How do you get architecture and engineering students to work together before graduation?
For the first time, a team of 60 students from the University of Nevada, Las Vegas will compete in Solar Decathlon, a green-building competition hosted by the U.S. Department of Energy.
The competition, which has taken place five times since 2002, challenges collegiate teams to create solar-powered houses that are attractive, affordable and efficient. Solar Decathlon aims to educate students and the public about solar energy, demonstrate the comfort and affordability of green homes, and provide training for future builders.
Twenty teams will compete in the final event, Oct. 3-13 at Orange County Great Park in Irvine, Calif. The winner is determined based on performance in 10 contests that judge architecture, engineering, market appeal, affordability and home entertainment, among other categories.
UNLV’s entry, DesertSOL, is 754 square feet and is marketed as a vacation home, valued at $320,000. According to an animated walkthrough on Team Las Vegas’ website, solardecathlon.unlv.edu, it is meant for weekend getaways or seasonal retreats, and “offers an escape, a basecamp for desert explorations.”
“We did market analysis,” said project leader and architecture graduate student Alexia Chen. “We can’t compete with foreclosures,” she said, but the team can compete with energy-efficient second homes, which are popular in the Southwest, including California, Arizona and Nevada.
Locally, Chen imagines the house being placed near scenic destinations such as Red Rock Canyon National Conservation Area, Valley of Fire State Park, Lake Mead or Lake Mohave.
Green building revenue totaled $85 billion in 2012, according to a study by McGraw-Hill Construction, and is expected to reach $98 billion to $106 billion this year. Commercial construction is 44 percent green, and green residential construction is on the rise.
Last year, 20 percent of homes built were energy-efficient; this year, that number is expected to rise to 22 percent to 25 percent.
DesertSOL is a modular, two-room dwelling that is controlled by smart pad. Its exterior is made of preweathered materials, meant to withstand the harsh desert environment.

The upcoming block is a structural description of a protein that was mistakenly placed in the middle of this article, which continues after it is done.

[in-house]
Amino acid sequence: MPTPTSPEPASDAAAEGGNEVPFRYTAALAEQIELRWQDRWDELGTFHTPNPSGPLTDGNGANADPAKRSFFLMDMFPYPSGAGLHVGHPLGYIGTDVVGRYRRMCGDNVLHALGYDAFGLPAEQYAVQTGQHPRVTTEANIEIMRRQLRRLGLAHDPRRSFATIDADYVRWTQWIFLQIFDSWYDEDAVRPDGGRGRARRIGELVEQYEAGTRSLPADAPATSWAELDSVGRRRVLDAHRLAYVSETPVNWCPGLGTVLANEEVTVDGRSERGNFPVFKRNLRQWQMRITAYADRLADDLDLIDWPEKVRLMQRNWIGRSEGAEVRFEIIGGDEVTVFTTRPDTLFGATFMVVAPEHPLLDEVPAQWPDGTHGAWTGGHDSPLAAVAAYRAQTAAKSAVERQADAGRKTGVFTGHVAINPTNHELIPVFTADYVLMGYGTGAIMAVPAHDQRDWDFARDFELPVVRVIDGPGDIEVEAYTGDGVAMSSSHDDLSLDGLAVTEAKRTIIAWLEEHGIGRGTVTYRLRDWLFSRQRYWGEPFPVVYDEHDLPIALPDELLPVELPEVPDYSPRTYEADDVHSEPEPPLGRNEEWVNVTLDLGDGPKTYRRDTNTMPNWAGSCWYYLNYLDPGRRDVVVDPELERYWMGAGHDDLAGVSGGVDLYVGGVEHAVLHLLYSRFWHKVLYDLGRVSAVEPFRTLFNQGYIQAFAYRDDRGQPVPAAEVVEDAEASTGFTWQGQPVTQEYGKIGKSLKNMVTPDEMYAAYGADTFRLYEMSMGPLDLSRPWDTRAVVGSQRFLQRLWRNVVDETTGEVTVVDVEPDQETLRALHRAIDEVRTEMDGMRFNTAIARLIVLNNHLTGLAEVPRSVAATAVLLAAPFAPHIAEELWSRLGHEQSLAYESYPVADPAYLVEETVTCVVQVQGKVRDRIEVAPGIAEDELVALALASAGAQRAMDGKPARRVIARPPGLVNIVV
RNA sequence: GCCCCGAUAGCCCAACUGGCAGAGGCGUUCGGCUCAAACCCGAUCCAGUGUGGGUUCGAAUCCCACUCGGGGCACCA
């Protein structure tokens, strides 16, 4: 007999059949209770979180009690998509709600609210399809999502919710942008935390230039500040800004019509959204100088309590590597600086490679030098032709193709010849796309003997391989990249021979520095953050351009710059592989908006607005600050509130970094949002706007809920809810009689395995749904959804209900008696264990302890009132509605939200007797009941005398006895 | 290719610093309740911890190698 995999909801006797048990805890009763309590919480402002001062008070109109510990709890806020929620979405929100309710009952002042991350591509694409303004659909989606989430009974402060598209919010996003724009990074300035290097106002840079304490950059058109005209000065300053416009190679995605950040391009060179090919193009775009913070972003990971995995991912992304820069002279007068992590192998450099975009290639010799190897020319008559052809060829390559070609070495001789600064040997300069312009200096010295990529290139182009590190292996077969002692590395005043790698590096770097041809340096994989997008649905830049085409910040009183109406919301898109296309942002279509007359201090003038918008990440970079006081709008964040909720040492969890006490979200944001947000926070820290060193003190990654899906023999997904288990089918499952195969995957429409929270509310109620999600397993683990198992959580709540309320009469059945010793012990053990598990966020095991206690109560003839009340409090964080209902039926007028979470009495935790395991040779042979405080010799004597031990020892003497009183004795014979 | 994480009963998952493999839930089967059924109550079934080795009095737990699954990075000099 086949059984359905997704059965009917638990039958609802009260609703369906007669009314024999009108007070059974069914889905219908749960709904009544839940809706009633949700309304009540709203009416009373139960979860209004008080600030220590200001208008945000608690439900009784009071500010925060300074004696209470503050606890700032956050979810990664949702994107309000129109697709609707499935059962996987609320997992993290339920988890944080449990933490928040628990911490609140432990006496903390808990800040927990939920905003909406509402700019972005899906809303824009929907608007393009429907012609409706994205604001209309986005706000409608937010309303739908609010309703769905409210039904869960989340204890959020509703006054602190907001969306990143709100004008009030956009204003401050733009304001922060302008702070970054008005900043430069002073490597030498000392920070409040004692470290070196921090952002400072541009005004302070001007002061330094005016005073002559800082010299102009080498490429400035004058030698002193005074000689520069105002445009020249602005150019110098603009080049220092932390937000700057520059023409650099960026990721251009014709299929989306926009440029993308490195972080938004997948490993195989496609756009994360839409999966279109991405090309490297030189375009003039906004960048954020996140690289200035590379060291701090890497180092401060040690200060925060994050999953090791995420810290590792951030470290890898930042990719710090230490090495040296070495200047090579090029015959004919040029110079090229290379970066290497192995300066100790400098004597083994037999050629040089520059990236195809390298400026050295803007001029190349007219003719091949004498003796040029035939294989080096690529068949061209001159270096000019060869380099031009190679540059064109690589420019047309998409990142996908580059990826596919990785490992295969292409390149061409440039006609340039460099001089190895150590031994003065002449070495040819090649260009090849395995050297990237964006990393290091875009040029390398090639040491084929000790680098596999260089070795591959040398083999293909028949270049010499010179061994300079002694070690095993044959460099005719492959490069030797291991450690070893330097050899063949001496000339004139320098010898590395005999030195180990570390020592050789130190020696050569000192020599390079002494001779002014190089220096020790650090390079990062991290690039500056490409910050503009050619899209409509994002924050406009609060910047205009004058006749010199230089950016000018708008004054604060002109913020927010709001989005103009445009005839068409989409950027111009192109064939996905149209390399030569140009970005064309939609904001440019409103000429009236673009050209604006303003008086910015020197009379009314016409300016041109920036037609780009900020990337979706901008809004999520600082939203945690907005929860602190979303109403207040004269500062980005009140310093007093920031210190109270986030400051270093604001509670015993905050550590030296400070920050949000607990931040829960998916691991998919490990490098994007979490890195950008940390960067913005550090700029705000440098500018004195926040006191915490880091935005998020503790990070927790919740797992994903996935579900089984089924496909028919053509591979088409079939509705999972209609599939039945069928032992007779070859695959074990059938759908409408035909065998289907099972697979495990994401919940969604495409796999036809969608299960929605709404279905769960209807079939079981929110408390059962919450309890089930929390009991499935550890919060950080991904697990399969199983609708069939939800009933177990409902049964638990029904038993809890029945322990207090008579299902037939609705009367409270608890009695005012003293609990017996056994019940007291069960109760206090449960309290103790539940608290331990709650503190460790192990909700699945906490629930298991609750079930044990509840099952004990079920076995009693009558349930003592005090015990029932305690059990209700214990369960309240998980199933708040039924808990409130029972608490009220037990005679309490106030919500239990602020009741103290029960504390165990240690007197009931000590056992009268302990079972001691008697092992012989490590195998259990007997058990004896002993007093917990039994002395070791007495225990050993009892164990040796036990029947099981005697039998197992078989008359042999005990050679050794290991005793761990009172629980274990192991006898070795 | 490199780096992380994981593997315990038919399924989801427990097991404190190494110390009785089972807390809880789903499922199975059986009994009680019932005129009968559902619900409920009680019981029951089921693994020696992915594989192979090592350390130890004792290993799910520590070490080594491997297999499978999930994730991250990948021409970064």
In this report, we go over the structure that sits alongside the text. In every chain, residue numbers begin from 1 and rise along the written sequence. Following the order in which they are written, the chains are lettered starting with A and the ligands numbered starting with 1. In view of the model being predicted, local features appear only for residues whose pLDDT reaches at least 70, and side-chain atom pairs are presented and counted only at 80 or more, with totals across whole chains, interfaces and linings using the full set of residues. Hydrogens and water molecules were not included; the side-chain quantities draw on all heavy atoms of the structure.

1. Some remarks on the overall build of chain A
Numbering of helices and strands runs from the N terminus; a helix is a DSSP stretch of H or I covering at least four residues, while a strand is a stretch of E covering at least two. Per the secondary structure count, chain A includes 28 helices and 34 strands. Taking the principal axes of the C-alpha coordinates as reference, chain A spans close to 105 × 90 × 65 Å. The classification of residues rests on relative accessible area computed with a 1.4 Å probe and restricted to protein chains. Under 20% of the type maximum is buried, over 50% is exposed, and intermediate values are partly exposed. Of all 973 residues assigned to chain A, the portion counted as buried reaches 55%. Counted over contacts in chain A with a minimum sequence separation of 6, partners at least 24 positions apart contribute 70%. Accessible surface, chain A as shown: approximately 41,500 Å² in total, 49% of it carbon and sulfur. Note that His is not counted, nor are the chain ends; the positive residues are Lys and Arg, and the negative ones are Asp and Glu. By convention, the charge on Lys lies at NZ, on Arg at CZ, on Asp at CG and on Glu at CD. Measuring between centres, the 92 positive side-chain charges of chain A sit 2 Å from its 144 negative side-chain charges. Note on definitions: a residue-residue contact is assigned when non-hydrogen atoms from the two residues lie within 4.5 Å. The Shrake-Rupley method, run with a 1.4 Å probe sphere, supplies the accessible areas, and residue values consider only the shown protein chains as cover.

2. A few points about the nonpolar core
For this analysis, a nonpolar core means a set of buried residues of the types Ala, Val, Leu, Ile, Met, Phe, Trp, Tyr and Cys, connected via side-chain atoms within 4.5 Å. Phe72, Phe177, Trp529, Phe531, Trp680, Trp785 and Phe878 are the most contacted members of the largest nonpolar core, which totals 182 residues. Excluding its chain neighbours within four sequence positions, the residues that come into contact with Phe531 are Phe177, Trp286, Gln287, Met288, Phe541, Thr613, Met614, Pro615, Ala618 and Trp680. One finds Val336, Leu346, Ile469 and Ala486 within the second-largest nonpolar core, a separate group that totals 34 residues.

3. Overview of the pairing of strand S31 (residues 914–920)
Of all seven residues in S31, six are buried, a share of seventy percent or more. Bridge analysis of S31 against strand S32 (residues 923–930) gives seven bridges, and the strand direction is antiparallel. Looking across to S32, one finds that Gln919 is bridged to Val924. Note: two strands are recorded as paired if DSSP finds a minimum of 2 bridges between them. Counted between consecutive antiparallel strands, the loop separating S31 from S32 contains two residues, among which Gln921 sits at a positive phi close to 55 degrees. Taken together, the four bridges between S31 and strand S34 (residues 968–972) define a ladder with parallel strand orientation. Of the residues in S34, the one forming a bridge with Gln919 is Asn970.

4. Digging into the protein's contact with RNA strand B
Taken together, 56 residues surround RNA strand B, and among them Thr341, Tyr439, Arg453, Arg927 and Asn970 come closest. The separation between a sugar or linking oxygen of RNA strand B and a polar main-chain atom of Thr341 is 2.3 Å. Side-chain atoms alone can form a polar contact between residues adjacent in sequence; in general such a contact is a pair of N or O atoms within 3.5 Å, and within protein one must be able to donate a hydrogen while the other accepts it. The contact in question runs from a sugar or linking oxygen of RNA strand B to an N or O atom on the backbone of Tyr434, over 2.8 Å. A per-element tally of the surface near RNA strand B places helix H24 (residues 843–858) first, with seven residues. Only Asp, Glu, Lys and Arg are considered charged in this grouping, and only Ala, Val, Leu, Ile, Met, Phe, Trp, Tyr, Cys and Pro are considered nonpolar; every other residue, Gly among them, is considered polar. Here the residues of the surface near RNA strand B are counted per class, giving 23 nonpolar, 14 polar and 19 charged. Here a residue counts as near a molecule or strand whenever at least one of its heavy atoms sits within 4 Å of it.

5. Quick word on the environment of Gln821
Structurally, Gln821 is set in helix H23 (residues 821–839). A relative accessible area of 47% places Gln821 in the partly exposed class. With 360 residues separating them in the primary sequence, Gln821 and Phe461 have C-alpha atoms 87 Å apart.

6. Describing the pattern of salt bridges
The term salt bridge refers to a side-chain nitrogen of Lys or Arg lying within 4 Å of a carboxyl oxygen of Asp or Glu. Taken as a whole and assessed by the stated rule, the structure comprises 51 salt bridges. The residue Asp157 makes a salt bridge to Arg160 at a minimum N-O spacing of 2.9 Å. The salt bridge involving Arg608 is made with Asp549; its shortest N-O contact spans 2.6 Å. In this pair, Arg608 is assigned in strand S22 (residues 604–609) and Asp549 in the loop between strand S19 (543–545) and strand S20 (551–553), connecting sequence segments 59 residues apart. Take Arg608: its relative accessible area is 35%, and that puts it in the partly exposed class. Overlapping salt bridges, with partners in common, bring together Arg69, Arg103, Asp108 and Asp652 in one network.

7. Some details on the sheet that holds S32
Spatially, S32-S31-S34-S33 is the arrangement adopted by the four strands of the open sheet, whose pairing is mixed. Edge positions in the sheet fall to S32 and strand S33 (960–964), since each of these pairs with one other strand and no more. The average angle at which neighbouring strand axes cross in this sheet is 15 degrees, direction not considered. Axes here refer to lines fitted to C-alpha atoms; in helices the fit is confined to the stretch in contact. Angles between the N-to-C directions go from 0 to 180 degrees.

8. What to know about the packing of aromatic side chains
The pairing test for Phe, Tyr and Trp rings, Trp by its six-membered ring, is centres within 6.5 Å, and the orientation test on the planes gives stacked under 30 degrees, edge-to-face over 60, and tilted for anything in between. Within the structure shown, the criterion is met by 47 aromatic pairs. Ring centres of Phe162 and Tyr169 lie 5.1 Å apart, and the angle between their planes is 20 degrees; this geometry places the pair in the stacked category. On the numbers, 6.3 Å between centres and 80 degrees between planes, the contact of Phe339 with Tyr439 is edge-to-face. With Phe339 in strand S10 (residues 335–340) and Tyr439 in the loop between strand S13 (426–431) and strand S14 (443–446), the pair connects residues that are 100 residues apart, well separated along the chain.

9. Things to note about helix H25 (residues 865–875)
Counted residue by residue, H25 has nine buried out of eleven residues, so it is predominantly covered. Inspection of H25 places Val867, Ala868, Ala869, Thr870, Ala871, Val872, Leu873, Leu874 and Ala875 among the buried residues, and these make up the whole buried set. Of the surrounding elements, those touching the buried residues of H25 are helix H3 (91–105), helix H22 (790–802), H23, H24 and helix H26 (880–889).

It is outfitted with photovoltaic panels and solar-thermal collectors, which provide enough power for the house to sustain itself and generate power.
The house’s framing saves on lumber and improves insulation. And a digitally controlled sliding screen provides shade in summer and retreats in winter to allow for passive warming.
DesertSOL also collects water for a water feature and deck cooling. It uses a ductless self-contained cooling system and in-floor radiant heating.
Chen says the project, which she has worked on since late 2011, has been a huge learning experience .
“Literally down to every bolt and screw, we had to find ourselves,” Chen said. “There’s a lot of on-the-fly decision making.”
The UNLV team hopes to finish construction by Aug. 20 and spend a month practicing disassembling and reassembling the house before moving it to Irvine for the final competition. During that time, more than 350,000 visitors are expected to tour the house.
To date, 17,000 students in 112 teams have competed in the Solar Decathlon, which also holds competitions in Europe and Asia.
An estimated 76 percent of decathletes go into clean-energy professions, compared with 15 percent of nondecathletes, said Christina Kielich, press officer with the Department of Energy.
When it returns to Las Vegas, DesertSOL will be permanently placed at Springs Preserve for educational purposes.
As for winning the Solar Decathlon?
“There’s no prize; it’s just prestige,” Chen said. “We’d be happy to bring home the trophy.”
Contact Review-Journal writer Kristy Totten at KTotten@reviewjournal.com.